|Mary Cumming, Petersburg to Rev. Andrew Craig, Lisburn.
|Irish Emigration Database
|Cumming (n. Craig), Mary
|middle class housewife
|Petersburg, Virginia, USA
|Lisburn, Co. Antrim, N.Ireland
|Rev. Andrew Craig
|T 1475/2 p.120-121: Copied by Permission of Miss A. McKisack, 9 Mount Pleasant, Belfast.
|The Public Record Office, Northern Ireland.
|Document added by JM 01:11:1993.
|Blandford, July 24th. 1814.
I embrace with pleasure another opportunity of
writing to my beloved Father, to tell him we are in good
health and spirits, and ready to set off this week for the
North, there to lay in a store of health for the Winter. I
promise myself much pleaure from our jaunt. In a letter I
wrote to Margaret in the beginning of June I gave her a
description of the route we should take.
The weather this summer has not been so warm as the last,
in the early part of the year we had a great deal of wet and
cold, and at present everything is burned up for want of rain,
at the same time the heat is not half so oppressive as I
have felt it, I have not had a return of the ague these many
months, and I begin to hope it has taken its departure altogether.
I am very anxious to hear from home again, I want an
account of my dear Margaret's wedding, which I suppose has
taken place long before this time. I can hardly believe she
is no longer an inmate of Strawberry Hill, I am sure you must
feel the want of her society very much, but she is so very near
you I should think you would see each other every day, and I
know my dear Rachel is a very delightful companion. Tell her
the last letter she wrote to me gratified me extremely, and
I will write a long letter to her when I return, and tell her
about our journey. An arrival from England is most anxiously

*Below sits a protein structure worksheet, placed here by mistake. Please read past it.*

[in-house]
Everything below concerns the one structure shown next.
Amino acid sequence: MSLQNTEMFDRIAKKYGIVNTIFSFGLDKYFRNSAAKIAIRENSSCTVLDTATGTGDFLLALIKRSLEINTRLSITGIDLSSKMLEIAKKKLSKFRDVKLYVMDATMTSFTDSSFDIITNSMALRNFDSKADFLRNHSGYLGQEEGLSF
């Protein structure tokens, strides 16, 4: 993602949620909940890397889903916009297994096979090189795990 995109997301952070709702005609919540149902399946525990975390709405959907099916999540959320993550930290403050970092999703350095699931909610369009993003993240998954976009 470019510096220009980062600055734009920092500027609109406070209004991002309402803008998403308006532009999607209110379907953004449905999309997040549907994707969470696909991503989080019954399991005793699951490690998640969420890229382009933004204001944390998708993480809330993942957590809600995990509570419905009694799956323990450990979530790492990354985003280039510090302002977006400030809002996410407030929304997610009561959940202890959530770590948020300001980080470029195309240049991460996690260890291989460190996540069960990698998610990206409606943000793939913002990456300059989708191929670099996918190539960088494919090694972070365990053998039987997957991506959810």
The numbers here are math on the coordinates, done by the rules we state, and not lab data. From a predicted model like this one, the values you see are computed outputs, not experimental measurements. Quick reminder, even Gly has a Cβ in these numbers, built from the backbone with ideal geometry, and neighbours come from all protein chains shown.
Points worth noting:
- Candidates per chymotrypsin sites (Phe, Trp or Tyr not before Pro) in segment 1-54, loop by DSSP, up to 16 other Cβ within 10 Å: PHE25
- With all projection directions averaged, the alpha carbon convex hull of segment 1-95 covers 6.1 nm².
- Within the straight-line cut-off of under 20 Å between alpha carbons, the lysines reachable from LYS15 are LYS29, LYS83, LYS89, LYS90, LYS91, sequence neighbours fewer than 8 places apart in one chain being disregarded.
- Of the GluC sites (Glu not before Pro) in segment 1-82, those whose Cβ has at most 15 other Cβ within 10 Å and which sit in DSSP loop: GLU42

looked for by every one just now. Peace is expected and I believe
most truly hoped for by the people of this country,
they are quite tired of war, and now that John Bull has it in
his power to injure us so much I believe the most violent
would like to be on friendly terms with him again.
William is almost certain we shall have peace soon, I
sincerely hope we may, for then we shall return to dear
Ireland next summer. Oh, my dear Father, it is impossible
to express the heartfelt pleasure I feel at the idea of so
soon seing my beloved friends again. I sometimes think it
will be too great happiness for me to see realised, but I shall
hope for the best. I shall see the Olivers, as we purpose
spending some time in Baltimore with Mr. Brown's family.
Agnes Freeland will go as far as Georgetown with us, on a
visit to some of her friends who live there, I am sure she
would be a great favourite with you, she is so lively and
pleasing. I shall feel great regret at parting with her, and
many more of my acquaintance, for whom I feel a great regard,
but the thoughts of the dear friends I shall meet on the
other side of the Atlantic will soon banish sorrow from my
It is a long time since I had a letter from my dear
James, I hope he is well and happy, tell him to write to me
soon. We expect James Cumming out in the Fall, and by him I
hope to receive letters from all my friends.
Many is the time I wish for some of the fine gooseberries
you have at home now, we had a few here which were ripe six
weeks ago, but they are not so good as those in Ireland.
I wish I could send you a few water melons which are beginning
to ripen, I think you would like them very much. I hope,
my dear Father, you will set a plentiful crop of potatoes
next year, and have a good store of oatmeal when I return,
we have no meal here. I like the Indian meal very much now,
it is very different from what I remember seeing at one time
in Ireland, I will take some home with me and show you how we
make cakes of it here. William joins me in the kindest love
to you, my dear Sisters and brother, and wishing every happiness
this world can bestow, I am your most affectionate.
Rev. A. [Andrew?] Craig. Lisburn, Co. Antrim,